As you know, we foster kittens for the local humane society.  We had a total of 13 kitten go through our home from June - October.  I love it afterwards when I see the humane society post pictures of the kittens getting adopted with their new families.  Paul always says that we don't need any new cats, so we can't adopt them, but he doesn't mind how much I foster.

Then came a litter of two with a severe upper respiratory infection.  They even had to be on immune boosting meds on top of their antibiotics and eye cream.  Next thing I knew, Paul fell for this kitten named Brandi.  He kept saying what a great kitten she was.

Of course, Bobby was missing and we were all sad from that, and Paul said he thought we should adopt this kitten.  On Halloween, the day she got spayed, we made it official and renamed her Claudia (From the book From the Mixed Up Files of Mrs. Basil E Frankweiler, which I read to the boys a couple of summers ago).  The shelter took this picture when I picked up Claudia from surgery.  I was in costume because we were headed out trick or treating.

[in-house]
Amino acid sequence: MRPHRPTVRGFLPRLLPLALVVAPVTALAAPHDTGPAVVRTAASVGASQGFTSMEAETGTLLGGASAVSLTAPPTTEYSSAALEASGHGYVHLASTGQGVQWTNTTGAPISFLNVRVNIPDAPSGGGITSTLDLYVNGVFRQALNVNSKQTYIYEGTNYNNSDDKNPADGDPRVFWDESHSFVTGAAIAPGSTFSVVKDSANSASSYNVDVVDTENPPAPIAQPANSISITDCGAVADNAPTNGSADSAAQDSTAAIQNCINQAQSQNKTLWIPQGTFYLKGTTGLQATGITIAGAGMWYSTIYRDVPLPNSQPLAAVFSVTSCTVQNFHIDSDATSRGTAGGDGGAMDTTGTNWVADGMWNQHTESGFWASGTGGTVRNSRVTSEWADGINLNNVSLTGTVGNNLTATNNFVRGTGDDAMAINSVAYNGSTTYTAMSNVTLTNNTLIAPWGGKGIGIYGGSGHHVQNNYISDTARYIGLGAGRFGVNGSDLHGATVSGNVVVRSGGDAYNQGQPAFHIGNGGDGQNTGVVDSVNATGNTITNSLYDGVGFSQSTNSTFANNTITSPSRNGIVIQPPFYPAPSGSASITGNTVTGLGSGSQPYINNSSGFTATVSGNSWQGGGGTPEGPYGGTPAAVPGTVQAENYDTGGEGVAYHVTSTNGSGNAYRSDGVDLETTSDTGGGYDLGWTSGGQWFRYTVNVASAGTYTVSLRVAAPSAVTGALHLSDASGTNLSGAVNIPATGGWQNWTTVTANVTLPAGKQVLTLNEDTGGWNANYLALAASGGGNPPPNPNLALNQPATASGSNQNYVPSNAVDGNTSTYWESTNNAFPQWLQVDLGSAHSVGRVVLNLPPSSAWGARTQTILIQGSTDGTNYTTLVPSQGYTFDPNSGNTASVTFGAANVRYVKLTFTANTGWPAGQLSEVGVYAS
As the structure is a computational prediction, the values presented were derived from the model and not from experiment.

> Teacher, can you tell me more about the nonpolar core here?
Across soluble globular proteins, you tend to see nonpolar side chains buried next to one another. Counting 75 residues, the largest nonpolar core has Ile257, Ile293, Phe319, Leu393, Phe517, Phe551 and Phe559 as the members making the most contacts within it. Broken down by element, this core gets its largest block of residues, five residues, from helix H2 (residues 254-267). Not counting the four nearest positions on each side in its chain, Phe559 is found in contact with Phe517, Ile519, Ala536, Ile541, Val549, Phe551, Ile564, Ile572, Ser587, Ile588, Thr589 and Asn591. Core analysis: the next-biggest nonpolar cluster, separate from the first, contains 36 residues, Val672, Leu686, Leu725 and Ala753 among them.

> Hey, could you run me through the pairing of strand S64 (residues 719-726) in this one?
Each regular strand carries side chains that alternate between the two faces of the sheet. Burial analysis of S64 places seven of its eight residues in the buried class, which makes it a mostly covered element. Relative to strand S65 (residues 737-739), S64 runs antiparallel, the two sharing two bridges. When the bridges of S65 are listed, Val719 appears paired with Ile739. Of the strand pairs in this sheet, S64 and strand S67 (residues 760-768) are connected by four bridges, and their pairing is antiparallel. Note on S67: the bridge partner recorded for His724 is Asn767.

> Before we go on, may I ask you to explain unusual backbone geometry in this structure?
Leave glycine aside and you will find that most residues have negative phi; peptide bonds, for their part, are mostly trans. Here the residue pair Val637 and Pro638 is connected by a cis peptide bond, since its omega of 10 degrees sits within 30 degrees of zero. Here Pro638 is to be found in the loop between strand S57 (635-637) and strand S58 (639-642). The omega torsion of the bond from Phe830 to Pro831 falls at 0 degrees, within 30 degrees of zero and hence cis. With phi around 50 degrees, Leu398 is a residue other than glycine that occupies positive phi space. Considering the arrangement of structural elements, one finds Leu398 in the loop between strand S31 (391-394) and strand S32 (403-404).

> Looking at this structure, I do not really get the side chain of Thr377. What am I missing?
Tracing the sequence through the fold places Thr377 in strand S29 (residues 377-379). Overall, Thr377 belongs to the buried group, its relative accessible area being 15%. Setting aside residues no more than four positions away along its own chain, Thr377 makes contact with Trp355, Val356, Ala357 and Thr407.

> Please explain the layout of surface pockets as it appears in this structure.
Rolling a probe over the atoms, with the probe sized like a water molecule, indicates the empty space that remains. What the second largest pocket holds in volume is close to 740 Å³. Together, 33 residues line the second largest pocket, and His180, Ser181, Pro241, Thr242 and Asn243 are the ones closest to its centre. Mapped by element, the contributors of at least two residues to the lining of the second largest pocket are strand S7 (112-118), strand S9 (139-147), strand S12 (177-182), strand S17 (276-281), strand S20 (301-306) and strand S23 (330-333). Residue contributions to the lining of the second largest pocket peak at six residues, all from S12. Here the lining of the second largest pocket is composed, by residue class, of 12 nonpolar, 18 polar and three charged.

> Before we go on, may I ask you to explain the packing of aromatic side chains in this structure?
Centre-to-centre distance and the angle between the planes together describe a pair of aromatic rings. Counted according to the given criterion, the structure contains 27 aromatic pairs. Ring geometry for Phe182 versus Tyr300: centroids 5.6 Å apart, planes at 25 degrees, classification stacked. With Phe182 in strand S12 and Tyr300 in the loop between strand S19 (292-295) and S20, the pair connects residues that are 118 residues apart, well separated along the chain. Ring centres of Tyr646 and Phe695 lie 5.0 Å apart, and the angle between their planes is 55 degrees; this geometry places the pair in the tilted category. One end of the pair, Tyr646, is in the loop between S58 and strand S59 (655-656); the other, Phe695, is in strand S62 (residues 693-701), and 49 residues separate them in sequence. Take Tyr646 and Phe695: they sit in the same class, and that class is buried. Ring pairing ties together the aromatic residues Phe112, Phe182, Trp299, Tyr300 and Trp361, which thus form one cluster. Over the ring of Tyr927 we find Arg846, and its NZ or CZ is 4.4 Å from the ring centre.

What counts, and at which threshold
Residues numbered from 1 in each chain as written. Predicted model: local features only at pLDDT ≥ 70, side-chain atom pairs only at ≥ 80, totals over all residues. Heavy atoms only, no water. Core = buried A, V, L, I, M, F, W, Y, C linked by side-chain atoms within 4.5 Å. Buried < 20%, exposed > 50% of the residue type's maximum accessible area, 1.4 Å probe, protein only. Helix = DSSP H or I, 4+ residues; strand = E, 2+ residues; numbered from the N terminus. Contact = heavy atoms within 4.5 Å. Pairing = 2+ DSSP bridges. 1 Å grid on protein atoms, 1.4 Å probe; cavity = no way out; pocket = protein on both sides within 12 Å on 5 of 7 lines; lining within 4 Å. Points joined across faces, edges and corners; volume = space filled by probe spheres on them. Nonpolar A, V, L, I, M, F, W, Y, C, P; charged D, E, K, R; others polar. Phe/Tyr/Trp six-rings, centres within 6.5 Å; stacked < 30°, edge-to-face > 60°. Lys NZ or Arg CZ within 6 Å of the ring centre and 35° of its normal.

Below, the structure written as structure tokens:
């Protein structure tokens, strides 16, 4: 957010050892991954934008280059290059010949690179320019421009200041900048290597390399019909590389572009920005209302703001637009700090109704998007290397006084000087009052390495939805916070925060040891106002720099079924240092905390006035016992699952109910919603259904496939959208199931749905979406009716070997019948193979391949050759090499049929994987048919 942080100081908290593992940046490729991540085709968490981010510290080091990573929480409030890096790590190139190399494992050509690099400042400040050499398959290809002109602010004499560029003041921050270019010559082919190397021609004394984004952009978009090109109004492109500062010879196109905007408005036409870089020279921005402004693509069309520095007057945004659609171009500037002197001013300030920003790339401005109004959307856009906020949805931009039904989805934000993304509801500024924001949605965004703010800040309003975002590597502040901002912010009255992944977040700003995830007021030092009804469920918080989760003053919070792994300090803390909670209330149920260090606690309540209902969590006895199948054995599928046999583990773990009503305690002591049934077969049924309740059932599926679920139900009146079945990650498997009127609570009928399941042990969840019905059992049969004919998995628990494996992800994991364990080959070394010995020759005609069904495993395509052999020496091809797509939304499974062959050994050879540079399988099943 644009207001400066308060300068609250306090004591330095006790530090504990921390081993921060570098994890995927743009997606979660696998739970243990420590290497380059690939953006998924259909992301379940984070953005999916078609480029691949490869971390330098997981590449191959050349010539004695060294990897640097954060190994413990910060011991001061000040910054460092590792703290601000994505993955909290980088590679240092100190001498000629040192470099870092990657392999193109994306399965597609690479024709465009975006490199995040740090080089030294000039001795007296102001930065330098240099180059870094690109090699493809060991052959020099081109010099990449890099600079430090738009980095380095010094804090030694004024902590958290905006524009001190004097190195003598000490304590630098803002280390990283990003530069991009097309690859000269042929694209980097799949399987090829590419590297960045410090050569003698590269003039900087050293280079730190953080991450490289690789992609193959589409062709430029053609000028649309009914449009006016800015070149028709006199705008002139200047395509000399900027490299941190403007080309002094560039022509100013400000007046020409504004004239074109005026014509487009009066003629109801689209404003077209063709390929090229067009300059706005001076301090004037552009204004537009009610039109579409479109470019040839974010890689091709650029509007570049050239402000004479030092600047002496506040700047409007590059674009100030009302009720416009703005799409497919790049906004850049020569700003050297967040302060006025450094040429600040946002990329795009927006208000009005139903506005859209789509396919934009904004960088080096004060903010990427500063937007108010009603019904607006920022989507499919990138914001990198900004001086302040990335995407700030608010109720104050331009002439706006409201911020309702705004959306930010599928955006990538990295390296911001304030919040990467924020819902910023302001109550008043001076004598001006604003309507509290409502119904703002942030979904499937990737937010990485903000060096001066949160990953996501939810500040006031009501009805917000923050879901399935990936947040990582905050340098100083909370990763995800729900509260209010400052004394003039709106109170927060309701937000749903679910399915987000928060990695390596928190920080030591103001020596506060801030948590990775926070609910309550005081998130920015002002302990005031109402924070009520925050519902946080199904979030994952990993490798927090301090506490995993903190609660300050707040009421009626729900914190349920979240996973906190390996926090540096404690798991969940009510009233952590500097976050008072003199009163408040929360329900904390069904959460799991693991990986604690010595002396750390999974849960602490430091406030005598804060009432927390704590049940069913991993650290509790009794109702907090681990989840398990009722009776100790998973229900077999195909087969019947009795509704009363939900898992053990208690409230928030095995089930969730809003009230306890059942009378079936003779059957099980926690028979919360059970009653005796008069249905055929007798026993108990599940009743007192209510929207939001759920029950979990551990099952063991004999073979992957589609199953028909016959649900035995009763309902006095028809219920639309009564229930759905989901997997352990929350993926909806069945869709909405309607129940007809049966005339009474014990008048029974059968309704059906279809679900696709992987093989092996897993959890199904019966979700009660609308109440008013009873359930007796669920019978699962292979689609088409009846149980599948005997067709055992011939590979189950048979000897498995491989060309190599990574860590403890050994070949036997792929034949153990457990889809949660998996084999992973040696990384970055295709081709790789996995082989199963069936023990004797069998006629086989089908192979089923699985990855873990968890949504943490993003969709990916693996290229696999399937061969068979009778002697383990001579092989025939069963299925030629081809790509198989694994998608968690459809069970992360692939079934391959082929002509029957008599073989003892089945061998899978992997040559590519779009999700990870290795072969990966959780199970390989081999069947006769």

Claudia and her sister had a reaction to the anesthesia from being spayed, so we brought her sister back into foster for a while longer so she could recover.  Her sister got adopted just days after she went back to the adoption center, by a family with two little girls (they also adopted another kitten we'd had in foster this summer).

Claudia, asleep on my lap.  She is such an affectionate kitten.  We are all thrilled to have her join our family.  If only Bobby would return, our hearts would be completely full. 

Wednesday, November 29, 2017

Making Memories

Recently my mom and I took a road trip to Northern Virginia.  My parents lived there for a good number of years, so it was old stomping ground in a way (although the population is ever-expanding so many things look completely different).

Mom and I had never done a trip like this, and we had a wonderful time.  We ate marvelous foods - like this lemon meringue cheesecake from Cheesecake Factory:

We did a lot of shopping.  Mostly at Potomac Mills Mall.  Plus REI and Dover Saddlery for me (neither of which we have where we live) and J. Jill and Comfort Shoes for my mom.  We also ventured into a Savers thrift store - I've heard about them but we don't have one locally.  It was HUGE - wish I'd known how to take a panoramic picture because this place was bigger than a Walmart.

We tried out a Duck Donuts for the first time.  The coffee there was fabulous and so were the donuts.  We kept talking about how messy they were (they're served warm and gooey).  On our way out, Mom noticed that you are supposed to eat them with a fork.  We felt a little like uncivilized heathens then.